You may recall that I have written about the excessive penalty inflicted on Schylling for old and cold lead-in-paint infractions in the amount of $200,000. These infractions did NOT result in injuries. [As I have noted previously, I have no firsthand knowledge of this matter, nor do I have any direct relationship to the principals involved in this penalty.]
Well well now, some of the more astute observers of the CPSC may have noticed that poor ole' Schylling did not actually end up paying the excessive $200,000 penalty. No, that agreement was apparently REJECTED in favor of a new agreement signed on May 18. The new agreement, which is virtually identical to the original agreement executed by the CPSC on January 19 (but for a non-substantive paragraph 30 and an order attached at the end) DOUBLES the penalty inflicted on Schylling to $400,000. The agreement was published for comment in the Federal Register on June 2.
So what happened?
It's not entirely clear. The original agreement was announced by press release on February 4 and notes: "The penalty settlement, which has been provisionally accepted by the Commission, resolves staff allegations that the company violated the federal lead paint ban regarding toys with surface paints containing lead above the 600 parts per million (ppm) legal limit applicable at the time, and failed to immediately report to CPSC information about the non-compliant toys."
The press release goes on to quote Ms. Tenenbaum sternly admonishing Schylling for violations that occurred between June 2001 and May 2003: “Manufacturers, importers, distributors and retailers have a legal obligation to ensure that no banned products are introduced into or distributed in the U.S. marketplace, and to inform CPSC as soon as they become aware of information that must be reported under our laws. We will continue to penalize companies that do not follow these basic requirements.”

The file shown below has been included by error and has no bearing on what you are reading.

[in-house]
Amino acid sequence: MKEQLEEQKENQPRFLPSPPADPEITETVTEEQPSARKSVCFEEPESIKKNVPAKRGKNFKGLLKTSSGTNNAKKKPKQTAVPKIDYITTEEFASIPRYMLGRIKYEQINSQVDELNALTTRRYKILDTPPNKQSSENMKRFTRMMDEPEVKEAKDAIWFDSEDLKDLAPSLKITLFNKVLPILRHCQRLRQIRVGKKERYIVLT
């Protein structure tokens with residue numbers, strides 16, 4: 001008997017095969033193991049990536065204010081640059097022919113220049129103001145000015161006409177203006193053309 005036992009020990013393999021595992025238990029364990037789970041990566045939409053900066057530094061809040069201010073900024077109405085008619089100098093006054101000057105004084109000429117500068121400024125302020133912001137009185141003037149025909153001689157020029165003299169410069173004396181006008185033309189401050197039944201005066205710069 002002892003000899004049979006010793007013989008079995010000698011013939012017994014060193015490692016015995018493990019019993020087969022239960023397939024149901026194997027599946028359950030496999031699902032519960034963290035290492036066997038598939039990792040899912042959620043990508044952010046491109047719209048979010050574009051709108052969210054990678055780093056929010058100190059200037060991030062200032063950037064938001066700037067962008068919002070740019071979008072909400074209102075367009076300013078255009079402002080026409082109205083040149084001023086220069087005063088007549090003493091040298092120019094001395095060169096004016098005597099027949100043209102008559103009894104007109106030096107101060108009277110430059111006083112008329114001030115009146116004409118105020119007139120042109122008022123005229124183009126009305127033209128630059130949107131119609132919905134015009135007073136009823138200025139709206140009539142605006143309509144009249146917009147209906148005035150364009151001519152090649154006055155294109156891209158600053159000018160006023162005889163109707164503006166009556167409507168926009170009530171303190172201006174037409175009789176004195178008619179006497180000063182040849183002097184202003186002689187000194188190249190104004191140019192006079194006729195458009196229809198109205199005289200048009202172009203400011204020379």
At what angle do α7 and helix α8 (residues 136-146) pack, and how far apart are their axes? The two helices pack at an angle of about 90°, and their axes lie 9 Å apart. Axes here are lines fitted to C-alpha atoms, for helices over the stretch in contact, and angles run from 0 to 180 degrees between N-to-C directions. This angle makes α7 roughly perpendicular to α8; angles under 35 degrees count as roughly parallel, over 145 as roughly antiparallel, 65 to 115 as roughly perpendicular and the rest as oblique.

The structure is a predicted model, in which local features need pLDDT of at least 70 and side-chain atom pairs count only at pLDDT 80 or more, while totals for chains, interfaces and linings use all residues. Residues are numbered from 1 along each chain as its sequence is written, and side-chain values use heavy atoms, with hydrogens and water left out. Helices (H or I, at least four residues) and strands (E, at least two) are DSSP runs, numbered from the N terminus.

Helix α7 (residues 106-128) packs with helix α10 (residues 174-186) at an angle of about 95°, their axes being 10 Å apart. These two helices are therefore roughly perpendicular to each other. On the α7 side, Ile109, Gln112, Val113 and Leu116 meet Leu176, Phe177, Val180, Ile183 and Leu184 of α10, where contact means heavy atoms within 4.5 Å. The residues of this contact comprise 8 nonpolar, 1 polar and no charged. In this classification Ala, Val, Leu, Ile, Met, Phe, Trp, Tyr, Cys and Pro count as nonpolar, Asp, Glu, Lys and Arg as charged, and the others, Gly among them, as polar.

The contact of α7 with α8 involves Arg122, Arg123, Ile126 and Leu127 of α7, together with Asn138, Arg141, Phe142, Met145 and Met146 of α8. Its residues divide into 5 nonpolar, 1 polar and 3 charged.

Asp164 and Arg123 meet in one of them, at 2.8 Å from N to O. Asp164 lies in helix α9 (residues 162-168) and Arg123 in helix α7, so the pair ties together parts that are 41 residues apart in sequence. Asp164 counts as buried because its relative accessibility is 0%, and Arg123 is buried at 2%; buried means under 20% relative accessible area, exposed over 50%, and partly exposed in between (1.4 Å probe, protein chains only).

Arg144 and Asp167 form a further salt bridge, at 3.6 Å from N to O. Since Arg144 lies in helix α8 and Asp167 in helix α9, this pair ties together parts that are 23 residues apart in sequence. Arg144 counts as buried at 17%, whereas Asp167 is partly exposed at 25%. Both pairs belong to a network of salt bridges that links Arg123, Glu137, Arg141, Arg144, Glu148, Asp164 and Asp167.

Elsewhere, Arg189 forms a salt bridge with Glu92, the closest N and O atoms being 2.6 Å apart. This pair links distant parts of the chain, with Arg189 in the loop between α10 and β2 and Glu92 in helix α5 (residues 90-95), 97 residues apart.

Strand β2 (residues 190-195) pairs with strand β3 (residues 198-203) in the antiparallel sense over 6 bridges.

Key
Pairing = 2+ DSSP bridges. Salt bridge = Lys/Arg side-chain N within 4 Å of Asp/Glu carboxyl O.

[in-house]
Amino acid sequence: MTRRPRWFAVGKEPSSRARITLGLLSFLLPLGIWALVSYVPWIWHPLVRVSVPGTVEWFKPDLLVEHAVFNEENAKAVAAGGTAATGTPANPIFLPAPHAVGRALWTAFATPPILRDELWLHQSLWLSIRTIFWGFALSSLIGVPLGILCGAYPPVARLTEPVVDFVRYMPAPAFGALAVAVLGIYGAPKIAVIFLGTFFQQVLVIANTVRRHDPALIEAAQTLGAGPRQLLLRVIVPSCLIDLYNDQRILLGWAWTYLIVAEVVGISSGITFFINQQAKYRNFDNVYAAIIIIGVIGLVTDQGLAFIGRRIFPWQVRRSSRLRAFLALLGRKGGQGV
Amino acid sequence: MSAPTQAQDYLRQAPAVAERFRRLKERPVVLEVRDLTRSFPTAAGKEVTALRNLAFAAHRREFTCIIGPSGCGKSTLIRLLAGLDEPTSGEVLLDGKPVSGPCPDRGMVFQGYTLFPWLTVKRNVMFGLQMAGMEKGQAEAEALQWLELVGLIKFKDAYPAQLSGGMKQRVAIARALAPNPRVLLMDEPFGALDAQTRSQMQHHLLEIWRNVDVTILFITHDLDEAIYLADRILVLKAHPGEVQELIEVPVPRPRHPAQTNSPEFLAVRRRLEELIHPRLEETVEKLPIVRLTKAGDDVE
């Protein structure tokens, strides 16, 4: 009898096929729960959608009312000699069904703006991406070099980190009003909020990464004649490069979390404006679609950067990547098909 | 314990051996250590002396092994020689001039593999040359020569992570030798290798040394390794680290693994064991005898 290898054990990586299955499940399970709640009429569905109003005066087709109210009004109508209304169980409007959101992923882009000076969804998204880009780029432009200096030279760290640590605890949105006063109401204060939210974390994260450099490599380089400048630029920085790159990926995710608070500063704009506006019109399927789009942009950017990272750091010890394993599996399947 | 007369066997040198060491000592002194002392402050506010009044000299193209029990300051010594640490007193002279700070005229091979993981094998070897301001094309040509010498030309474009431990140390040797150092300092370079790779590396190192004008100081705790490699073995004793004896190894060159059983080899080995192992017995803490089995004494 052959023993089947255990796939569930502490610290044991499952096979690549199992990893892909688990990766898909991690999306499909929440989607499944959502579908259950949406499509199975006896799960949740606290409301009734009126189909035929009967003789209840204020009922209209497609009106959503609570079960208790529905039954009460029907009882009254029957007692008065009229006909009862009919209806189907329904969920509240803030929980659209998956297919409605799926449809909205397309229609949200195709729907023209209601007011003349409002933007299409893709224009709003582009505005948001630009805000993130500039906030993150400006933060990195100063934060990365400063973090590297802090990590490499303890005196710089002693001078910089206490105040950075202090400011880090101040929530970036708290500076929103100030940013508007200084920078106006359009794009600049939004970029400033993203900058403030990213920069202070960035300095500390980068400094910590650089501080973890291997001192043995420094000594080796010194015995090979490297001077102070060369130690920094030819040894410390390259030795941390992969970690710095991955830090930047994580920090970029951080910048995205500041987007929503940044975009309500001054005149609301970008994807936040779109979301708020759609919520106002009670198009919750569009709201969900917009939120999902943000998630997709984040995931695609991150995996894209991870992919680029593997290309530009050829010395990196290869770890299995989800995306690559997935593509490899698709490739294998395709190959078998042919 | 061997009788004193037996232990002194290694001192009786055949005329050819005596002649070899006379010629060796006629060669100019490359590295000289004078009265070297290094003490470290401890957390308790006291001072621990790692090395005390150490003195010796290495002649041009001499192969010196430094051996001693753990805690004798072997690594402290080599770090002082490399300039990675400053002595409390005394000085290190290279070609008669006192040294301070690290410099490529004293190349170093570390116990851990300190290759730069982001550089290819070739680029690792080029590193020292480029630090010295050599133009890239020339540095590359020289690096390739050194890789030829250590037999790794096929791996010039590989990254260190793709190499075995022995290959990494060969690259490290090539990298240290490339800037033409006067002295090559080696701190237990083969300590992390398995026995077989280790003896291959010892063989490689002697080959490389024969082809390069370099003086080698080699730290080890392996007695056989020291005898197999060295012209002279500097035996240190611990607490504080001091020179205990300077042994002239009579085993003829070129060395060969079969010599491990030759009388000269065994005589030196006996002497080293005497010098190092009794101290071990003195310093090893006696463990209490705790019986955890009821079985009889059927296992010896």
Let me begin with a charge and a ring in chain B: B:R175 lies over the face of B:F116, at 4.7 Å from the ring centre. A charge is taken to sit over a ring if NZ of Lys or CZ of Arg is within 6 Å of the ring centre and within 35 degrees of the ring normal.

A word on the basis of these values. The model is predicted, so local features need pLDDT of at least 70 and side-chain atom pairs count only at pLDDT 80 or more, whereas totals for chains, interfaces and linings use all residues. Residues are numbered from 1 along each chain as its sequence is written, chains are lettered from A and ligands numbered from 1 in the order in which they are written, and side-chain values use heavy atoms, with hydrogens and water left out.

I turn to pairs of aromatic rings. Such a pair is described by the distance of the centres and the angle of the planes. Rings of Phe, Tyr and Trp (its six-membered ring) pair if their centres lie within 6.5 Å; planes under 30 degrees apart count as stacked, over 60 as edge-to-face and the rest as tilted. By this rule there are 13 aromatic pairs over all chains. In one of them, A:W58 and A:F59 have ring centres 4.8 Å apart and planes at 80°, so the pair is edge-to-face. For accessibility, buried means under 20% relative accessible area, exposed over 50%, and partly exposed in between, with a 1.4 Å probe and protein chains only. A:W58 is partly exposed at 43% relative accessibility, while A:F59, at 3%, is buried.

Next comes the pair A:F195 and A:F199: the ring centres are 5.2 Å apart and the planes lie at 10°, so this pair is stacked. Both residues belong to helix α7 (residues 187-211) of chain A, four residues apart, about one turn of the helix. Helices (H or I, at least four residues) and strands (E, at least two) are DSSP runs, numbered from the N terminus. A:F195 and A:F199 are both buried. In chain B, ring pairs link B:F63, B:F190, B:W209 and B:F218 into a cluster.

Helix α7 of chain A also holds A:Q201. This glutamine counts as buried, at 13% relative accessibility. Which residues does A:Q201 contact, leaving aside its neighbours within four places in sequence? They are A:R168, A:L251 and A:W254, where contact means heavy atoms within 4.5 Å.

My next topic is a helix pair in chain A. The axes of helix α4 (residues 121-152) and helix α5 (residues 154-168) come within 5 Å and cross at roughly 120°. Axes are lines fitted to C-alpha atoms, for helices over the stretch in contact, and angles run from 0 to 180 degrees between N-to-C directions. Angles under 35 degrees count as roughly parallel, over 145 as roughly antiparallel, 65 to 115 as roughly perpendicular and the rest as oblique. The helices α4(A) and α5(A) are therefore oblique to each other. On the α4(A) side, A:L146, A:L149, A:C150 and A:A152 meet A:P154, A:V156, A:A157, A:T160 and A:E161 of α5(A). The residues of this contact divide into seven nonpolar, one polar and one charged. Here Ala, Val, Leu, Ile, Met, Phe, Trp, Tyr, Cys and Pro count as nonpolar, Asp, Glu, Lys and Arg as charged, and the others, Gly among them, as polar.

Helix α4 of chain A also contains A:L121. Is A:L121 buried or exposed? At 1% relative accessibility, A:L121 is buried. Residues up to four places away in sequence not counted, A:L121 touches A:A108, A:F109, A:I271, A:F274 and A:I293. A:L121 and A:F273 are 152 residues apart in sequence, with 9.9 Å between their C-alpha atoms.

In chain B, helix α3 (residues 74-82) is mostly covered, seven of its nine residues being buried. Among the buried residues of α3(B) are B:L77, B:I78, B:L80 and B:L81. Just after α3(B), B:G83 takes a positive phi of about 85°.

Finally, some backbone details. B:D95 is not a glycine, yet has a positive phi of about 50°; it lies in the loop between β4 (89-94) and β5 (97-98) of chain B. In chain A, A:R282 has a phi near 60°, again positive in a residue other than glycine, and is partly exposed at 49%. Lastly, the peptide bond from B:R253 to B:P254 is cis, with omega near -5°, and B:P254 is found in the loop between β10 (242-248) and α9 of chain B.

The normal procedure is for the settlement agreement to be published for comment in the Federal Register, but that never happened. Although the February 4th press release states unambiguously that the settlement agreement had been provisionally accepted by the Commission, something derailed the agreement and back to drawing board it went. It's possible that the Office of Public Affairs somehow jumped the gun with the press release, too. Nevertheless, the time between signing and press release suggests it had to be something else. But what? I cannot find the Public Calendar for this time period but there were probably at least two closed Commission meetings that could have considered this case.
Somebody was NOT happy with the size of the penalty for these old violations. Schylling apparently changed law firms to deal with the revived crisis (two different firms signed the agreements) and four months later, a new agreement doubling the penalty was signed by the parties.
There is no public record of who was unhappy or why. It could have been a Commission member. It could also have been one of the self-appointed protectors of the public good, our good friends the consumer advocates. Who knows? I will be submitting a FOIA request to see what I can find out. Watch this space carefully over the next several years to see if I ever get an answer.
Everyone feeling safe and happy? How about you manufacturers? Happy about justice being served?